While there are many factors to pay attention to as an investor of any kind, one of the biggest indicators that people seem to look to, no matter what is the market cycle. For real estate investors, the real estate cycle can be valuable to understand, but it can create a lot of stress and anxiety if relied on too heavily for decision-making.
So how does one even understand the real estate cycle? How much does it actually matter?
We're here to lay it all out.
3 Things Turnkey Investors Need to Understand About the Real Estate Cycle
There are Four Phases of the Real Estate Cycle
If you are not familiar with the four phases of the real estate cycle, let us break them down for you briefly:
Expansion — This stage is consistent with a strong market economy. The real estate market shifts to keep up with growing demand with new home construction, rising rental occupancy and rental and property prices, along with increased developer interest. This is often when investors interested in selling will “flip” properties for a profit.
Hyper Supply — When a market’s economy shifts into decline, hyper supply begins. Because construction continues, supply overrides demand. Here, rental rates and occupancy slows. For short-term investors and home-sellers, this can be a challenging time as the value of their properties and investments drops off. However, those with long-term leases have little to worry about. Because the signs of hyper supply can be subtle, construction often continues and pushes the market into the next stage if not addressed.
Recession — If the signs of hyper supply are ignored, the market shifts into a full-blown recession. Property values drop off, vacancies increase as demand decreases, new construction wanes, and foreclosures may increase as mortgage issue arise. For the savvy investor looking to make long-term gains, a recession could be an ideal time to buy.
Recovery — Sometimes difficult to identify, recovery is characterized by an increased interest in the real estate market while evidence of activity may be absent. New construction may be sluggish, rental vacancies may be high, and homes sales may be low. However, there may be population growth, more home showings, and a slowdown of decline.
The Cycle is Affected by Macro and Micro Factors
It’s impossible to pinpoint or explain all of the factors that impact the real estate cycle. They are many and varied. If you ask people what they think drives the real estate market, you will get a thousand different answers! They do, however, break down into two primary categories that are valuable to understand. Real estate, like all other commodities, are ultimately driven by the tides of macro and microeconomics.
Macroeconomics are the sweeping, broad issues that impact markets nationwide. When we think of the housing bubble and how it impacted just about every market, or how national legislation can impact every market, this is macroeconomics at work.
But microeconomics, for real estate investors, is often where our attention often lies in the day-to-day. These are the local factors that impact a market cycle. For example, the way a local government legislates and works to attract businesses and create job opportunities impacts population flux, and, in turn, real estate demand. Or a particular region can attract different demographics, such as university students or retirees.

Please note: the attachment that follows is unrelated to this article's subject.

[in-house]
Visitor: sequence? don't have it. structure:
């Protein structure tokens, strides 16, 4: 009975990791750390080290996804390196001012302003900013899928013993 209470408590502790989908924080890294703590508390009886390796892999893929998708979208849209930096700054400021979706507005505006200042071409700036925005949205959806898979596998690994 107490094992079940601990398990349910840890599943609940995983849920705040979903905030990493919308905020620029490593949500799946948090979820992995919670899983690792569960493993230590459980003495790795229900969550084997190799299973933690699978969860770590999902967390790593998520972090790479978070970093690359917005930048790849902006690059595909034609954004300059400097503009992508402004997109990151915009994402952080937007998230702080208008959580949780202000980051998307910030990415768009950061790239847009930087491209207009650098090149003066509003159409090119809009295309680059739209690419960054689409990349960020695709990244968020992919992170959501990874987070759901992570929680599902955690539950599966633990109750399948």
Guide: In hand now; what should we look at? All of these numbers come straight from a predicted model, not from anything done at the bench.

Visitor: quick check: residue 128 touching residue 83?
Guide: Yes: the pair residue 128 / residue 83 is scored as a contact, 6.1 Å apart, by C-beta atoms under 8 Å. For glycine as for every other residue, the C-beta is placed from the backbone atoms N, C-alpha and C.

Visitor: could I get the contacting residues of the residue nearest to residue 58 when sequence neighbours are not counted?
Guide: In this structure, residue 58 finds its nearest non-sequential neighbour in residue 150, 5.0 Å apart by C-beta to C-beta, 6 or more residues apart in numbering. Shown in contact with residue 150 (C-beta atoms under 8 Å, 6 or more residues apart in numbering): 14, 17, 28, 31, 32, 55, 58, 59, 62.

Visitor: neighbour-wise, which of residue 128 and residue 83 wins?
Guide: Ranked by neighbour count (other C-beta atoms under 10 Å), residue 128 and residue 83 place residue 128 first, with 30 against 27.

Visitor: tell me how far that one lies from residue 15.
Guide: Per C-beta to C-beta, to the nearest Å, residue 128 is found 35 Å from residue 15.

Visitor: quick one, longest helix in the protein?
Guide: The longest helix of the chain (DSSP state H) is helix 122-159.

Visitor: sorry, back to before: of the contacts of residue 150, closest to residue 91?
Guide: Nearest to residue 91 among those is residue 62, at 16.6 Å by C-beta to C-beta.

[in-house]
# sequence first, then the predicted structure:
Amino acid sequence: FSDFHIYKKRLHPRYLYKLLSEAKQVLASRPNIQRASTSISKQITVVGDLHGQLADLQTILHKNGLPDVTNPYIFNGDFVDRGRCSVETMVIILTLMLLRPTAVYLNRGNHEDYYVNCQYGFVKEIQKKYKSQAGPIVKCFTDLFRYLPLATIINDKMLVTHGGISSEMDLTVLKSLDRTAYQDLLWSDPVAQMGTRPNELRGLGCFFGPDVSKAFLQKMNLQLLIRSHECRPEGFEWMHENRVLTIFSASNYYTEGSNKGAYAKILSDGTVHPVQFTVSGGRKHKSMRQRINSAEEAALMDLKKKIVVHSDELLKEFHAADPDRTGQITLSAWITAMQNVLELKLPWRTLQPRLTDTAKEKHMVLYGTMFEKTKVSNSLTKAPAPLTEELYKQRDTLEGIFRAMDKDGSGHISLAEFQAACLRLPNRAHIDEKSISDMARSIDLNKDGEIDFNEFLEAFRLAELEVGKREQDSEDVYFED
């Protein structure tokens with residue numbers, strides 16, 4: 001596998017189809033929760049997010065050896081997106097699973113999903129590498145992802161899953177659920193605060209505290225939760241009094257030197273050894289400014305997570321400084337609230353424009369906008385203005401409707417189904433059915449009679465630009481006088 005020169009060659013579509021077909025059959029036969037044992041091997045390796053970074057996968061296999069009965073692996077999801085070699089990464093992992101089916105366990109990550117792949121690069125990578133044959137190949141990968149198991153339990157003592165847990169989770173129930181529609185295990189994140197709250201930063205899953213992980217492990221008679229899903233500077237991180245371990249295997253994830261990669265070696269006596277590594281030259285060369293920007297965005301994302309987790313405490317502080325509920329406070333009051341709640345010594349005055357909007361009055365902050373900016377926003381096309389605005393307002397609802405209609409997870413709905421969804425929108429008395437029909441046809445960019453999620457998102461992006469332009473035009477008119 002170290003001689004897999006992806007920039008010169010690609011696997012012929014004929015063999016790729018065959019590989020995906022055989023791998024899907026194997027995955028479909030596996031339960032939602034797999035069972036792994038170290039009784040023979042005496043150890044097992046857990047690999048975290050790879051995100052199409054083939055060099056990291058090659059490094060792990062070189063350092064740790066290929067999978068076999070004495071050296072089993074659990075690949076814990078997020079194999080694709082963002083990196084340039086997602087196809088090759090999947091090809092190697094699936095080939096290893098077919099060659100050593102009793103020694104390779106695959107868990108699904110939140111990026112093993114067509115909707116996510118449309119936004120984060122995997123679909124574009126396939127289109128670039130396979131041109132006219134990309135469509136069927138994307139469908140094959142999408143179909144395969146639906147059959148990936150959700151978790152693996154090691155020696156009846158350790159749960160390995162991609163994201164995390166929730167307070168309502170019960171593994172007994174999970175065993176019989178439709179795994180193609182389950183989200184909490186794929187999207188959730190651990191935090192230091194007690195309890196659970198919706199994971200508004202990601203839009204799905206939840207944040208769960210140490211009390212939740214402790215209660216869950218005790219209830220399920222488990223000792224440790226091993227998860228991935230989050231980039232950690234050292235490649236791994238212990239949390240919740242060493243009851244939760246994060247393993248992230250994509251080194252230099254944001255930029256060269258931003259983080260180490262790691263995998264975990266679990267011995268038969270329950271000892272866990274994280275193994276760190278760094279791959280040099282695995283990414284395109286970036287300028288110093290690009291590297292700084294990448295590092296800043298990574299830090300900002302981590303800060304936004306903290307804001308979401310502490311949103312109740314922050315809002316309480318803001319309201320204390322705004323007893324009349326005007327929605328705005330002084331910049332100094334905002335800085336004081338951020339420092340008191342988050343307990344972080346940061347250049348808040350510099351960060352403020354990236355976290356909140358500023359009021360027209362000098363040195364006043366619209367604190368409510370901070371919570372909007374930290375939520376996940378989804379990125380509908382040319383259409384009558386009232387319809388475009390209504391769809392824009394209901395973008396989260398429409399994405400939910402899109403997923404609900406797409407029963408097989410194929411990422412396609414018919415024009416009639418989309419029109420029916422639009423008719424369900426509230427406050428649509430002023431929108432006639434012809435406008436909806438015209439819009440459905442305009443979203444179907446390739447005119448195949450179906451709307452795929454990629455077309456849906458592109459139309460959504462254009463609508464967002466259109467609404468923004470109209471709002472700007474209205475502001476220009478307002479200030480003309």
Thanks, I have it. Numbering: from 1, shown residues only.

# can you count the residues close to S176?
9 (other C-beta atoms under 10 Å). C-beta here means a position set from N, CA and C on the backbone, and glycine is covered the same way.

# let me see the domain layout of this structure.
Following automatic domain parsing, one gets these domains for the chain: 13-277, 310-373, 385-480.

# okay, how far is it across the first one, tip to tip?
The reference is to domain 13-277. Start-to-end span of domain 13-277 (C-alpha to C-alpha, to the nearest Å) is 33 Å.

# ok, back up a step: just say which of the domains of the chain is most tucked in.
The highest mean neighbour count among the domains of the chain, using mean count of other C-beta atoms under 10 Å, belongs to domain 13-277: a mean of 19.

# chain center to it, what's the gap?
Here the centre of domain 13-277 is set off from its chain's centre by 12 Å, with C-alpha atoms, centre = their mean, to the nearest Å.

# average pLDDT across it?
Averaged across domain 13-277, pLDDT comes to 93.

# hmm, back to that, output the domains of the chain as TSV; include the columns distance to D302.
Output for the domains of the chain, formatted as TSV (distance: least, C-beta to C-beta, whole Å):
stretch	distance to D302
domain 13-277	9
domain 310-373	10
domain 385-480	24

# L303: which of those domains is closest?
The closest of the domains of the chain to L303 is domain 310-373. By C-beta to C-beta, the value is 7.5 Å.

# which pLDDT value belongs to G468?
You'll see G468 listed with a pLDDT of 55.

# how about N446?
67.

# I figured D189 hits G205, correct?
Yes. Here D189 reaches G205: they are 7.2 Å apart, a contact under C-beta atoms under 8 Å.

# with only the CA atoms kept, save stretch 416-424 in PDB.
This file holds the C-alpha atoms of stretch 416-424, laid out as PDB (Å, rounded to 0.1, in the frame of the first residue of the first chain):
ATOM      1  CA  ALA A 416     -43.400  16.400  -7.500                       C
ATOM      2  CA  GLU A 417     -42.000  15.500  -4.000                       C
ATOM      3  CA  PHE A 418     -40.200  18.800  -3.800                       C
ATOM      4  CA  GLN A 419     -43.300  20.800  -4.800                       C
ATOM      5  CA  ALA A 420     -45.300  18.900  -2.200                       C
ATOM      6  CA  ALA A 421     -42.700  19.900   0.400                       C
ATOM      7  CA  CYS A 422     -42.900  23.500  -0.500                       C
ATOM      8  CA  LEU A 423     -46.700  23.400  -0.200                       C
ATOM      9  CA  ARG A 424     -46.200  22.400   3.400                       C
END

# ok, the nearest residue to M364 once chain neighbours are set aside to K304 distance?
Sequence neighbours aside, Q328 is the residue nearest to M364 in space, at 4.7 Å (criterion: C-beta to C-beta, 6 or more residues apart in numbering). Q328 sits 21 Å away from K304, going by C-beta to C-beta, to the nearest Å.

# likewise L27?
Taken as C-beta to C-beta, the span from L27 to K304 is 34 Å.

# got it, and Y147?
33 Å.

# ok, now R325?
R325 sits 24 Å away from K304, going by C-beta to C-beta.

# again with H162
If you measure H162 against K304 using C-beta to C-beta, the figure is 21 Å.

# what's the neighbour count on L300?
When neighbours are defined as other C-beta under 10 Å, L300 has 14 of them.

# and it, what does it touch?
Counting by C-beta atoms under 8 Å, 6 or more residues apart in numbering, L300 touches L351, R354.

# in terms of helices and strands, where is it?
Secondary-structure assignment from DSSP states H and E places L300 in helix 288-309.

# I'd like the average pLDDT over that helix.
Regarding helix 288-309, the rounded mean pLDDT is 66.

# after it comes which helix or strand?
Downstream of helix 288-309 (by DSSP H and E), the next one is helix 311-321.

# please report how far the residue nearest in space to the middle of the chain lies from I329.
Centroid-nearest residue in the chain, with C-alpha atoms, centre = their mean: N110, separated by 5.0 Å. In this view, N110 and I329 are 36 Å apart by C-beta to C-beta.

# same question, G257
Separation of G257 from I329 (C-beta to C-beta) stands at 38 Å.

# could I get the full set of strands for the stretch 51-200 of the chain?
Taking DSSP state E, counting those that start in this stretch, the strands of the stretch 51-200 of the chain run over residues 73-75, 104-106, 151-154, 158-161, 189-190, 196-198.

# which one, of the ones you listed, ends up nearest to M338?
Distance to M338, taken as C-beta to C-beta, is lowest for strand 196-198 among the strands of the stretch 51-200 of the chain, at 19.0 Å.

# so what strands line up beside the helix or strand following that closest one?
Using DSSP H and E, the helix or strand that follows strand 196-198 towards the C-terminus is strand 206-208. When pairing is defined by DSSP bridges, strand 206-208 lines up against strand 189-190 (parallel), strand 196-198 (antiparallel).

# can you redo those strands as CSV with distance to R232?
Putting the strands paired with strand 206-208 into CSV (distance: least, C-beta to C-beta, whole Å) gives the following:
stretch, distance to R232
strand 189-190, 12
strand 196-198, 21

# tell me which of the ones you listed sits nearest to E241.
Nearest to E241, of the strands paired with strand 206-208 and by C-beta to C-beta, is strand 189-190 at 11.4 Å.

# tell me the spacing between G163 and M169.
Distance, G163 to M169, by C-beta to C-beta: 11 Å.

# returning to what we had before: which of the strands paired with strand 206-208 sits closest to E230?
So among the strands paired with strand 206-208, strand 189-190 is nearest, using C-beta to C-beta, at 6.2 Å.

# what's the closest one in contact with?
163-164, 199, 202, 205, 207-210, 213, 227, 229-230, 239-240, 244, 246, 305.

Understanding that these, among other factors, are all at work in a market and all add up to move the cycle, helps add context and complexity that stop it all from seeming like random chance. You will begin to see things coming before they happen.
Diversification & Buy-and-Hold Strategies Reduce Cyclical Issues
Investors, on the whole, tend to panic when things don’t go as planned or in the way that they think they ought to be going. We see this most readily when there is a downturn in the stock market. Rather than hold on to their stocks, many investors jump ship and create a crash.
While the market cycles that all of us encounter can cause issues, we can all mitigate them with our strategies and by understanding our individual markets better. For turnkey real estate investors, building a stronger, more diversified portfolio is one of the best ways to mitigate the issues of market cycles.
For example, if you only have a handful of properties in one market, suffering through a recession could put a lot of strain on you and your finances. A diverse portfolio, however, with properties spanning multiple markets each at different stages of the market cycle would balance out and be able to cope with any strain a few properties may be under.
In the same way, having a buy-and-hold strategy helps you gain perspective. Because you know you are in it for the long haul, you aren’t as concerned with the temporary circumstances of the market. You understand that it will all come back around eventually: and that takes a lot of stress off of your shoulders as an investor.
At the end of the day, successful real estate investors make their markets work for them...regardless of the market cycle.
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